Don Lope de Aguirre: That man is a head taller than me. That may change.
Don Lope de Aguirre: Perucho, don’t you think the cannon might be a little bit rusty?
Perucho: It might.
Don Lope de Aguirre: I am the great traitor. There must be no other. Anyone who even thinks about deserting this mission will be cut up into 198 pieces. Those pieces will be stamped on until what is left can be used only to paint walls. Whoever takes one grain of corn or one drop of water… more than his ration, will be locked up for 155 years. If I, Aguirre, want the birds to drop dead from the trees… then the birds will drop dead from the trees. I am the wrath of god. The earth I pass will see me and tremble. But whoever follows me and the river, will win untold riches. But whoever deserts…
Don Lope de Aguirre: I am the wrath of God. Who else is with me?
Don Lope de Aguirre: I am the wrath of God.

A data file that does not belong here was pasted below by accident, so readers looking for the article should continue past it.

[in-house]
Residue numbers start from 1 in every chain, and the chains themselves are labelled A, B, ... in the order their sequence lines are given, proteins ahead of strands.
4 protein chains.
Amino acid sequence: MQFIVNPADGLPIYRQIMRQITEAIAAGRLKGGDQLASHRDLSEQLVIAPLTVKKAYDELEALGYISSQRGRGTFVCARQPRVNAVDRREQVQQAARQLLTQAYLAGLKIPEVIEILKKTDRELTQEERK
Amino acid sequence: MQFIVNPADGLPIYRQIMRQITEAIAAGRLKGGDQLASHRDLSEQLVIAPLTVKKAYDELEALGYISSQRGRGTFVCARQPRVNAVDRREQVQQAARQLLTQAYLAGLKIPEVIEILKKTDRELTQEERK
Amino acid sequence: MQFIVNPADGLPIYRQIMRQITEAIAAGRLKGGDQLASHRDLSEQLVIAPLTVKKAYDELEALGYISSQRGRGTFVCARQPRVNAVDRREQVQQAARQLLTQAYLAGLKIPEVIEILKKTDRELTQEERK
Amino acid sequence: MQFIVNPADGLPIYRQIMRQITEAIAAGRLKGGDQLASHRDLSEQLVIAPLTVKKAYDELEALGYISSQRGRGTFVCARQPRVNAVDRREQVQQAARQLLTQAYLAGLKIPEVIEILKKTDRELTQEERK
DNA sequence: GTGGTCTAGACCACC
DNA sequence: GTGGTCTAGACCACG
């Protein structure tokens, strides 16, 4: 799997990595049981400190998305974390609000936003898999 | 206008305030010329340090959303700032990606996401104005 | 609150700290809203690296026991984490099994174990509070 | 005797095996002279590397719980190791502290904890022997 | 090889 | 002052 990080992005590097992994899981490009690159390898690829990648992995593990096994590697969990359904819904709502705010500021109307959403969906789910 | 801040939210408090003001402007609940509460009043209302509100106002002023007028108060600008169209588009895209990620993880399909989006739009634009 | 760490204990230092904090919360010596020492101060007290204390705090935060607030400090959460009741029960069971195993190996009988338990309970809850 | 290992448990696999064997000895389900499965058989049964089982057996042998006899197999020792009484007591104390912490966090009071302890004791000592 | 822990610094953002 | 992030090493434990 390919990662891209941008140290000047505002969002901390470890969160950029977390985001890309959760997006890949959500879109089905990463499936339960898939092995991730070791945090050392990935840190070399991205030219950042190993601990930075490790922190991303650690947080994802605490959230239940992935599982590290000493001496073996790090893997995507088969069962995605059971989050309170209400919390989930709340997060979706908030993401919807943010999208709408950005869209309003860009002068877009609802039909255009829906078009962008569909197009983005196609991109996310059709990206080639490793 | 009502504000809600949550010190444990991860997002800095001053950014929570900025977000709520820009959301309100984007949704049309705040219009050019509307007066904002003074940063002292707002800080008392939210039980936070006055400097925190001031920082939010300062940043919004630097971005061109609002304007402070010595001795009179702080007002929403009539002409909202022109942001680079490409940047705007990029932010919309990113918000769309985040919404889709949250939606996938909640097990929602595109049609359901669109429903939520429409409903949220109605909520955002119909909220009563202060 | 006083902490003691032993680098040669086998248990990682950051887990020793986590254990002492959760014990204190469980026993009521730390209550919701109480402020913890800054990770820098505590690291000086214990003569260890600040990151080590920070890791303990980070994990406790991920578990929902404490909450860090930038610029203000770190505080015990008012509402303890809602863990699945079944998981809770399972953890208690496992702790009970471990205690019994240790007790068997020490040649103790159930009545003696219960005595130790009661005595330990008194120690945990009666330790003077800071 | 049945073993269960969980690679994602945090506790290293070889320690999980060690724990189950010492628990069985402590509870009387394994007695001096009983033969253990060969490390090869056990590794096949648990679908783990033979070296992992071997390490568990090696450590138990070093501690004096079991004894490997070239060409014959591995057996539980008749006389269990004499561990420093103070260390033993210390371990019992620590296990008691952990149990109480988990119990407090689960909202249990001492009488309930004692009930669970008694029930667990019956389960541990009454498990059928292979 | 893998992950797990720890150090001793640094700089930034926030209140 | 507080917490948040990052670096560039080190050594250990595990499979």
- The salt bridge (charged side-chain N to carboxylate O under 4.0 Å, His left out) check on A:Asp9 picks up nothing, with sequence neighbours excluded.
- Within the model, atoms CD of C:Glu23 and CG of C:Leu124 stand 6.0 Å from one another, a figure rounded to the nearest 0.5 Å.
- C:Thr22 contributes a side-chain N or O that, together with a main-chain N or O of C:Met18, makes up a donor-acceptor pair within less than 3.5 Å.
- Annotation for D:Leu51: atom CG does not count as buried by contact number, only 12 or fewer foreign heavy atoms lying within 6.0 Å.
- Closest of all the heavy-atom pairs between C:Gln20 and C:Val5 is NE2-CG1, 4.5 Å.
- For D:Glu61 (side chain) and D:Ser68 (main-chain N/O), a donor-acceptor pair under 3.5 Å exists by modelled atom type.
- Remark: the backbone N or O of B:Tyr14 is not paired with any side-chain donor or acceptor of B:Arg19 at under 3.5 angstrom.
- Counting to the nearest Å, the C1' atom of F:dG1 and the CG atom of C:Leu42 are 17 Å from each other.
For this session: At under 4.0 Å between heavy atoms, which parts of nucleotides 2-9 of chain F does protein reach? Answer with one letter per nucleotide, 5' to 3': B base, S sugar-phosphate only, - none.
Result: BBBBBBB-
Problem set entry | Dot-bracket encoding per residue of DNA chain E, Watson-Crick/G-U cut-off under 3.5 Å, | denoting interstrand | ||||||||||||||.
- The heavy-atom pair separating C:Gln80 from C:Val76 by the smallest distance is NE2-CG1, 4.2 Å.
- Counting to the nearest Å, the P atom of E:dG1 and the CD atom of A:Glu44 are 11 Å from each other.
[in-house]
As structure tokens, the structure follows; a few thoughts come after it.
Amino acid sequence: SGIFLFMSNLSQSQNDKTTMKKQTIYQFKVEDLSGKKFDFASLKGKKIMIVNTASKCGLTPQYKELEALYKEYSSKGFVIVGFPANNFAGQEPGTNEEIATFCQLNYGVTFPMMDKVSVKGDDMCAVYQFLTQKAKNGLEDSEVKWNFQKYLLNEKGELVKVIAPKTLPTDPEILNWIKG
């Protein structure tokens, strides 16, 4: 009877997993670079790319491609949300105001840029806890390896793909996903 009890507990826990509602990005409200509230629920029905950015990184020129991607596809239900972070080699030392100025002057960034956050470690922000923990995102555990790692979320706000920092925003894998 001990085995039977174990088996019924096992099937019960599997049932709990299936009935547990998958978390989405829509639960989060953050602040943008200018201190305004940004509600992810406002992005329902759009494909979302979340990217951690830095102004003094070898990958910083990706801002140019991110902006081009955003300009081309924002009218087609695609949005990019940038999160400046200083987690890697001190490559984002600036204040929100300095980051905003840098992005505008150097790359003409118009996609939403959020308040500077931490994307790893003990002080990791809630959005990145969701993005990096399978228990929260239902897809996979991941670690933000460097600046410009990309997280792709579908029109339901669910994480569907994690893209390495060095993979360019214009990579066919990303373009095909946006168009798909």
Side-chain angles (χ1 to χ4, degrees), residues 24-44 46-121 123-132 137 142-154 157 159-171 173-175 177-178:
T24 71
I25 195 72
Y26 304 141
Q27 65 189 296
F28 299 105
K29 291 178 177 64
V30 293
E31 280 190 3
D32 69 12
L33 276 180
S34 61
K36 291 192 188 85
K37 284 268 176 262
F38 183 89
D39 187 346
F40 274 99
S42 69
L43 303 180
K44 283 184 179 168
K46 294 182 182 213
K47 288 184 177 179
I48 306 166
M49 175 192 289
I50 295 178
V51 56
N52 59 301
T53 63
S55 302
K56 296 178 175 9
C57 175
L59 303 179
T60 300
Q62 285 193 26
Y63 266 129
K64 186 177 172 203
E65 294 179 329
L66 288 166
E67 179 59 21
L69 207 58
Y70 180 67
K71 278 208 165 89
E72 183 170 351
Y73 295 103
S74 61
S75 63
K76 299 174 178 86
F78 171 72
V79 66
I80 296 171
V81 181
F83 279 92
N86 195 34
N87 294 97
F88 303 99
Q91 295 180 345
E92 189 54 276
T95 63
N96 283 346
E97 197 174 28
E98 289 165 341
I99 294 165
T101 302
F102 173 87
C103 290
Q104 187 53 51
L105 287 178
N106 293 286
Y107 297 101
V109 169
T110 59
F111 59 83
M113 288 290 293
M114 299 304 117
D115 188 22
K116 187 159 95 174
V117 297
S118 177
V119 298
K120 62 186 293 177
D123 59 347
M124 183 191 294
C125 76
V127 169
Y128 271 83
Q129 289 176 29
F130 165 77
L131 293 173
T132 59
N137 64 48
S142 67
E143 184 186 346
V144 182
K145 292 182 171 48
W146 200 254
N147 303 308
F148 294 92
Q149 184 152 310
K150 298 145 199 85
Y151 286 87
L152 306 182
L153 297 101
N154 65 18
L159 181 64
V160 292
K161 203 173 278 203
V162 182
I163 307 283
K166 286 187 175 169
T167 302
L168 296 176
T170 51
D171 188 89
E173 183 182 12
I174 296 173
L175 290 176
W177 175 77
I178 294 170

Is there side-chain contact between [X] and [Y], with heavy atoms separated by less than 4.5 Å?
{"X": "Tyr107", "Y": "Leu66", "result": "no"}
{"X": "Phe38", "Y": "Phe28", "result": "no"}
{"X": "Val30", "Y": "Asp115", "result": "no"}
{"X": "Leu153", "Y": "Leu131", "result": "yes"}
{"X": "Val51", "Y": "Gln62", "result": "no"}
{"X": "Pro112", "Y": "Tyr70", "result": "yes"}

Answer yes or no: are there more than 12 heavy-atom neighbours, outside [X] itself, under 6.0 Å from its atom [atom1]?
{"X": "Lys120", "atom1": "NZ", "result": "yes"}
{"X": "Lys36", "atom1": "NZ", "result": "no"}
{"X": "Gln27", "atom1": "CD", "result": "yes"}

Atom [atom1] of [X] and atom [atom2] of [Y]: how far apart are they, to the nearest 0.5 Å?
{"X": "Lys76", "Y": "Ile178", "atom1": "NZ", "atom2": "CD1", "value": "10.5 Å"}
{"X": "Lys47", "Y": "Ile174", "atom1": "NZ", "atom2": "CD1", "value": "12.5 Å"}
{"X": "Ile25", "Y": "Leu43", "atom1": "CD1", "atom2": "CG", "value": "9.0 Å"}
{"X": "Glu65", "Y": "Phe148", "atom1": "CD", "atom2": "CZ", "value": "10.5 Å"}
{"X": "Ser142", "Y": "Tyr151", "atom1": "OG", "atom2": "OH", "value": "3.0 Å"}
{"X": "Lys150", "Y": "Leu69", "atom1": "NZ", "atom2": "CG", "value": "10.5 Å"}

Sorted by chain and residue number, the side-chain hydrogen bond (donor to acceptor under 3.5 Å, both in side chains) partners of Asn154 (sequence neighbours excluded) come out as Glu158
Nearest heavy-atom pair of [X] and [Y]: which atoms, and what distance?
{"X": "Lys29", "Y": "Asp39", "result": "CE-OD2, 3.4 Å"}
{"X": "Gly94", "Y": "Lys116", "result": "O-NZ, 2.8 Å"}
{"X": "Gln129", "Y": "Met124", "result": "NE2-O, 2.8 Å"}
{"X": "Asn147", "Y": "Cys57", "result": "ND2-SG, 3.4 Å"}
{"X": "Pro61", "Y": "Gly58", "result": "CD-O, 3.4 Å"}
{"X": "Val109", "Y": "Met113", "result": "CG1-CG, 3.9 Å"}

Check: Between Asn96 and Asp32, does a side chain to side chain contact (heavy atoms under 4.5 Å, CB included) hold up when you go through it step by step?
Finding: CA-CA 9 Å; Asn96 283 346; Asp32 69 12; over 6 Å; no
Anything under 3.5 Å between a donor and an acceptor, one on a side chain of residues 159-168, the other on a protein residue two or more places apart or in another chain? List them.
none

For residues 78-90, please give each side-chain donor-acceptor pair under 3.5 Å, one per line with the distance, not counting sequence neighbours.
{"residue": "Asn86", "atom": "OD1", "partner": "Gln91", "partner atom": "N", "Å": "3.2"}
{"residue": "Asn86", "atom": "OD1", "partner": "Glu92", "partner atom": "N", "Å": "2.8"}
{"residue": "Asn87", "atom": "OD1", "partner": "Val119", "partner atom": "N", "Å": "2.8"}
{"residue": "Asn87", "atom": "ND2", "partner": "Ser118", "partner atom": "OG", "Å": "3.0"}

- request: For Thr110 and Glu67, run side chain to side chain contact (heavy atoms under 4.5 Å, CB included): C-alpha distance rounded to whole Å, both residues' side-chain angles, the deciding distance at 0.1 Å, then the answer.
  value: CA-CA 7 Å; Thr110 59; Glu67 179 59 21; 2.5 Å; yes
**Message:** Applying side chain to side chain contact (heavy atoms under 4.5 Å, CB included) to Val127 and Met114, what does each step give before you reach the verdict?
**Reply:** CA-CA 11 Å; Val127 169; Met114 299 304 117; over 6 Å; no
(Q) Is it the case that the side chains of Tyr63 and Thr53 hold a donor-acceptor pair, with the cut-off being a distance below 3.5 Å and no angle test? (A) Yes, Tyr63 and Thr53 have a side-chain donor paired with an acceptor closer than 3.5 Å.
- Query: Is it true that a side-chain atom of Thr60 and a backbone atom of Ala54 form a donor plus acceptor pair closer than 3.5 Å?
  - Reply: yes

Okello: [Hallucinating] That is no ship. That is no forest.
[Arrow hits him]
Okello: That is no arrow. We just imagine the arrows because we fear them.
Directed by Werner Herzog
Produced by Werner Herzog
Written by Werner Herzog
Music by Popol Vuh
Cinematography Thomas Mauch
Editing by Beate Mainka-Jellinghaus
Release date(s) December 29, 1972
Running time 100 min
Country West Germany
Fitzcarraldo (1982, Werner Herzog)
Apocalypse Now (1979, Francis Ford Coppola)
The Mosquito Coast (1986, Peter Weir)
El Dorado (1988, Carlos Saura)
Cobra Verde (1988, Werner Herzog)
The Wild Bunch: An Album in Montage (1996, Paul Seydor)
Apocalypse Now Redux (2001, Francis Ford Coppola)
Last of the Dogmen (1995, Tab Murphy)
1492: Conquest of Paradise (1992, Ridley Scott)
The Desert Within (2008, Rodrigo Plá)
Movies with the Same Personnel
Fitzcarraldo (1982, Werner Herzog)
The Enigma of Kaspar Hauser (1975, Werner Herzog)
Wo Die Grünen Ameisen Träumen (1984, Werner Herzog)
Signs of Life (1968, Werner Herzog)
Burden of Dreams (1982, Les Blank)
Woyzeck (1978, Werner Herzog)
Stroszek (1977, Werner Herzog)
Heart of Glass (1976, Werner Herzog)
Other Related Movies
is related to: Woyzeck (1978, Werner Herzog)
My Best Fiend (1999, Werner Herzog)
Reverse Shot: Rebellion of the Filmmakers (2007, Laurens Straub, Dominik Wessely)
Q’ero: In Search of the Last Incas (1993, Zadoc Nava)